Clinical letters turned into data for multiple sclerosis database

The Multiple Sclerosis Society has funded the development of technology to turn written language in patient letters into data to create a unique multiple sclerosis database.

Hoped to support researchers and healthcare professionals, the tech was first piloted in 2018. To date it has been used to turn 400 letters into data as part of the UK MS Register.

The MS Society has now committed to raise £2 million over the next five years, to support the roll out of the tool to 45 of its partner hospitals and expand the tech to capture more complex health information, such as people’s MS symptoms and social care information.

Said to take seconds to capture data, the MS Society notes the tool has achieved 98% accuracy to capture data on the type of MS, treatment and level of disability within written notes.

Rod Middleton, system architect, MS researcher and new principal investigator of the UK MS Register, said: “The ability to take unstructured clinical data in the form of letters and rapidly turn it into research level data could represent a sea-change in the way that the NHS and researchers capture data and use data. It could allow for more pertinent clinical decision making and even potentially more time spent caring for people rather than carrying out admin.”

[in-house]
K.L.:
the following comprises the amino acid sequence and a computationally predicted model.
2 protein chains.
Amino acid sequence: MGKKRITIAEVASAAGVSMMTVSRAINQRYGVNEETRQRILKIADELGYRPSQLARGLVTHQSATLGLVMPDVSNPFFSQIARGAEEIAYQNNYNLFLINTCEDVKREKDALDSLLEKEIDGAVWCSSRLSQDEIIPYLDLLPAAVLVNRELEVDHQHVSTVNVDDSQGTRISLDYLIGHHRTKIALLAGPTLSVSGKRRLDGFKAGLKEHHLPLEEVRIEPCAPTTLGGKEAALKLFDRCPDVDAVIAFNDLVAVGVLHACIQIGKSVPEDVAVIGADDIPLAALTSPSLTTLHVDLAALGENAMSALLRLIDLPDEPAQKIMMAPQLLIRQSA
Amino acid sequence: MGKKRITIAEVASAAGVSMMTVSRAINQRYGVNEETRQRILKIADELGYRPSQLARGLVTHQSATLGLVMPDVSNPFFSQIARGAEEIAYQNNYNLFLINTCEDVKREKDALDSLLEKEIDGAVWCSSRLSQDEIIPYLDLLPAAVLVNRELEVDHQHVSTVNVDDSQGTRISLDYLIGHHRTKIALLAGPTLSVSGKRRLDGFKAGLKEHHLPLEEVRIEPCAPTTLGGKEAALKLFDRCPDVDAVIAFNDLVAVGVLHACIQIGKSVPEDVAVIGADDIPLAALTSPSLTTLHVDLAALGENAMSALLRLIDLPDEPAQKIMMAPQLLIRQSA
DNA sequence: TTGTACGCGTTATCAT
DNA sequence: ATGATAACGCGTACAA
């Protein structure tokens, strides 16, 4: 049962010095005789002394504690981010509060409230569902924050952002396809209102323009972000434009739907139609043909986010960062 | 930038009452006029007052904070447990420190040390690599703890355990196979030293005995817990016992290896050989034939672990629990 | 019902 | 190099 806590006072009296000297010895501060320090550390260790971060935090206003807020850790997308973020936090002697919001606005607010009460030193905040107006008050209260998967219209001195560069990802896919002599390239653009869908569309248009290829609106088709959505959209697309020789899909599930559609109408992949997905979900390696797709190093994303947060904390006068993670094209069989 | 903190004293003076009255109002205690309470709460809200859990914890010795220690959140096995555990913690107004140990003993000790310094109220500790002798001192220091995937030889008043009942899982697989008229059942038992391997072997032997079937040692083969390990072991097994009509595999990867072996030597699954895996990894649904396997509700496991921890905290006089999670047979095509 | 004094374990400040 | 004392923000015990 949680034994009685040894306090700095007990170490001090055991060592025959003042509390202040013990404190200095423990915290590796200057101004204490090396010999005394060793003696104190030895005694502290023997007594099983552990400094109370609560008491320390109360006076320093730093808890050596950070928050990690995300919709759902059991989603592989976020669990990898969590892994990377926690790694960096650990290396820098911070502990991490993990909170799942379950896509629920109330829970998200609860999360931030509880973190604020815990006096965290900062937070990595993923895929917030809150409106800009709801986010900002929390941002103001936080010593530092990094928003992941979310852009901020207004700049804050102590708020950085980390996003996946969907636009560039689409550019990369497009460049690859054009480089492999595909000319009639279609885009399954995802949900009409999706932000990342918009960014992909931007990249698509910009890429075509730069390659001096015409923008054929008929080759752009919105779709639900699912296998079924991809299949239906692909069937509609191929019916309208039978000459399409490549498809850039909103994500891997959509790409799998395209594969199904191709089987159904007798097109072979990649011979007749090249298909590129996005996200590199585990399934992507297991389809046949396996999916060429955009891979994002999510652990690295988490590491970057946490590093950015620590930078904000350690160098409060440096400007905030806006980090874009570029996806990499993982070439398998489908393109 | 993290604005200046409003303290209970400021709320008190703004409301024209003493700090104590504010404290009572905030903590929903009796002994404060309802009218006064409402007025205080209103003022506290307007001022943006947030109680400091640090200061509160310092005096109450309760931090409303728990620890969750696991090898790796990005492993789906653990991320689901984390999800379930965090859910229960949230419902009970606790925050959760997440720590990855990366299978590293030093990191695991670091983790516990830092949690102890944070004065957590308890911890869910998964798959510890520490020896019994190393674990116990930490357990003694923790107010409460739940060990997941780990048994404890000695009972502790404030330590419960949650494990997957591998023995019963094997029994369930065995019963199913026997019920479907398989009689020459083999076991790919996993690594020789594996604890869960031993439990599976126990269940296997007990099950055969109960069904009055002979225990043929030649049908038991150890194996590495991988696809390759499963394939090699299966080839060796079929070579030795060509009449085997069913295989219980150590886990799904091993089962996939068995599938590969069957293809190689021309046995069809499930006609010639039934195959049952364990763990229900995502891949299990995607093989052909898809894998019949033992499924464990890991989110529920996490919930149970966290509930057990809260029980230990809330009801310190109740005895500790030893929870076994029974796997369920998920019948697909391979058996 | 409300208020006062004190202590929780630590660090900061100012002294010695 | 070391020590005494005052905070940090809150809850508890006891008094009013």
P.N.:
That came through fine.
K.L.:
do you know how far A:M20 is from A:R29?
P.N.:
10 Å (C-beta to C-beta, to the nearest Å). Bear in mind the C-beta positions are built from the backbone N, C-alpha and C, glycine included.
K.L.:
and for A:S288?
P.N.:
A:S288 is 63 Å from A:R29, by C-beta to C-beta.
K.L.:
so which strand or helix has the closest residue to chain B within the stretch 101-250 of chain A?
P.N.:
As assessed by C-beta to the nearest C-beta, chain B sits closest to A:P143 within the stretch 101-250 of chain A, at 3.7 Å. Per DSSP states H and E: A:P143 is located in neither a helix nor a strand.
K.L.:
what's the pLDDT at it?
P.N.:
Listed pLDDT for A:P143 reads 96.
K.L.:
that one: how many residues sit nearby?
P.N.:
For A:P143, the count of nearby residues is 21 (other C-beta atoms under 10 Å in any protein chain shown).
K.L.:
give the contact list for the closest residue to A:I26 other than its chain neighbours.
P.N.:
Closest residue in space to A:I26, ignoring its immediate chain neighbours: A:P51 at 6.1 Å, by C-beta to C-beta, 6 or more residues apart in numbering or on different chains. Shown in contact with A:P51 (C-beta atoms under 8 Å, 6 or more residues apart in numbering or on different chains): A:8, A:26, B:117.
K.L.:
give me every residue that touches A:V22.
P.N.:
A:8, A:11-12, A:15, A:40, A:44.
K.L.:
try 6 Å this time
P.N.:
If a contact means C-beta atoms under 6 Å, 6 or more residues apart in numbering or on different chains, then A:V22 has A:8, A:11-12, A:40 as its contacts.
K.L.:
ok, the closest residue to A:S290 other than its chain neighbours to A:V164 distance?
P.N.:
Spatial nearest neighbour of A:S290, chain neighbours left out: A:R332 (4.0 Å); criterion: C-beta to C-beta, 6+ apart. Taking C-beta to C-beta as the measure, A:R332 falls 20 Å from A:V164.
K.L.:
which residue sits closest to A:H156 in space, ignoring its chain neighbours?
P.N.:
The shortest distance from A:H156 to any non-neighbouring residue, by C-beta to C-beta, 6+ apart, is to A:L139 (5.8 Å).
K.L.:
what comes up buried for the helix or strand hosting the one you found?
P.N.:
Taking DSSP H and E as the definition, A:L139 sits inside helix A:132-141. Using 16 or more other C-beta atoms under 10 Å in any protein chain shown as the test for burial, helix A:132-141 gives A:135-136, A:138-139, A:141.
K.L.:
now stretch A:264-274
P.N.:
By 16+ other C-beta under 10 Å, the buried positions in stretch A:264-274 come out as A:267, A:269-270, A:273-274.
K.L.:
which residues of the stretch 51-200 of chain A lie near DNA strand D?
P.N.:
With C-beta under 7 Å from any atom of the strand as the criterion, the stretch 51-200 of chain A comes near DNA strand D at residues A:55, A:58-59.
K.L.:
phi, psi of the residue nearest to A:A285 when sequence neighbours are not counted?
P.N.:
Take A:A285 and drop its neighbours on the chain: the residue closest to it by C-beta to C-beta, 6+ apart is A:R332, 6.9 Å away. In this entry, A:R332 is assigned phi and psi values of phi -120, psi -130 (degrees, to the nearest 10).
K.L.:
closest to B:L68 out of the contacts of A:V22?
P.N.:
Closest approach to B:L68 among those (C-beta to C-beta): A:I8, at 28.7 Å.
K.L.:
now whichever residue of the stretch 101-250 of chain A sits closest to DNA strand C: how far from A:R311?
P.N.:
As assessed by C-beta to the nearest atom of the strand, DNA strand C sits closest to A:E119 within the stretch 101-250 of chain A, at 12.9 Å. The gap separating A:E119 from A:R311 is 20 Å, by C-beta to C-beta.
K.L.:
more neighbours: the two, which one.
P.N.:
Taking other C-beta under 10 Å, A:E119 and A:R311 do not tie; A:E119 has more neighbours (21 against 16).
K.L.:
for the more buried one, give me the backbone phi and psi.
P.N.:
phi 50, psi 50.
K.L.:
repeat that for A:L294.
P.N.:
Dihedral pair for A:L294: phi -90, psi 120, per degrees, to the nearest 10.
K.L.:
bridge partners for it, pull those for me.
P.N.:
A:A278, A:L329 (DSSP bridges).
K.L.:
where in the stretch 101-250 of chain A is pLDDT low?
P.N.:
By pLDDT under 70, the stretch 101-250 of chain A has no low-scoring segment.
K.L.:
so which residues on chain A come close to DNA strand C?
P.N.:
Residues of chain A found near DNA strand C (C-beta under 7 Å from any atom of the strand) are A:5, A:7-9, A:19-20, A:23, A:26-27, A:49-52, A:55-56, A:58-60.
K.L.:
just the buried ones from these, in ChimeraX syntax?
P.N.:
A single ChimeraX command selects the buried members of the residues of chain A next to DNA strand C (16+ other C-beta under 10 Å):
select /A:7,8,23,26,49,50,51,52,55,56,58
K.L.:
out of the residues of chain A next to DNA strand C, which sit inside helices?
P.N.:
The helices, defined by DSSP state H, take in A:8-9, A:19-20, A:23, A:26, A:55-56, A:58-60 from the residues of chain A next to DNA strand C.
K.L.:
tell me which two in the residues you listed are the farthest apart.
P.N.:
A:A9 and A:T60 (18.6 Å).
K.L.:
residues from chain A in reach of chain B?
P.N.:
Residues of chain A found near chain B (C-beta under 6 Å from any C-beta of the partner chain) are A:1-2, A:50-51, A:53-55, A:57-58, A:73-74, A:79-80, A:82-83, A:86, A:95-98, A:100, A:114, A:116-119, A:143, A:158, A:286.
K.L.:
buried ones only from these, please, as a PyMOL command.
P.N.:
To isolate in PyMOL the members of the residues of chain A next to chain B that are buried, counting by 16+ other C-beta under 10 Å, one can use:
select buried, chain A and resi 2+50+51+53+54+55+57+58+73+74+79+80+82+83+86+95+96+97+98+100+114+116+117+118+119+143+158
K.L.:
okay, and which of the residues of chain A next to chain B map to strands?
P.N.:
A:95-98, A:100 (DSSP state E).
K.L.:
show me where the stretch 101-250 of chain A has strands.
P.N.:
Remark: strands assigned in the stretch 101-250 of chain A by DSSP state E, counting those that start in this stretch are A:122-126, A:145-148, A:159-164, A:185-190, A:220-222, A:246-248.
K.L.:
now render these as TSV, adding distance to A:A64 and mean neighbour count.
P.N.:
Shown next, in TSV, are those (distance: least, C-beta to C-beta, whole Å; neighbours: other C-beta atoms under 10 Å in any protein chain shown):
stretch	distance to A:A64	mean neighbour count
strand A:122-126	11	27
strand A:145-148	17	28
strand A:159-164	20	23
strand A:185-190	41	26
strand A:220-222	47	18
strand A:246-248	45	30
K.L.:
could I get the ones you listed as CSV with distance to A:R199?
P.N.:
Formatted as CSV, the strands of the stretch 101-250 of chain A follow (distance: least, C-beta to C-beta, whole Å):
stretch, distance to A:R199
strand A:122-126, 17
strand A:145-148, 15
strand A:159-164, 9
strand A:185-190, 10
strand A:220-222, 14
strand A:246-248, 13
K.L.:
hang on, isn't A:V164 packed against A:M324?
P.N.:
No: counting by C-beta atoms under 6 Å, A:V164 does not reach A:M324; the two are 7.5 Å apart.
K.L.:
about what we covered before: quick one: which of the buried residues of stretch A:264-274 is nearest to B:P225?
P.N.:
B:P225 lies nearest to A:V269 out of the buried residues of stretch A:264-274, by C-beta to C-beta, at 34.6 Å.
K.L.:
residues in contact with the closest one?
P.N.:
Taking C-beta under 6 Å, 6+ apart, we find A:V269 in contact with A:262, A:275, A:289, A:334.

Dr Emma Gray, Assistant Director of Research at the MS Society, added: “We’re delighted to have committed to raising an additional £2 million for the UK MS Register, and are excited to see how it will evolve using more innovative technology, like artificial intelligence. More than 130,000 people live with MS in the UK and real-world data from this highly unique registry has been improving our understanding of the condition for over a decade.”

To find out more on the register, please click here.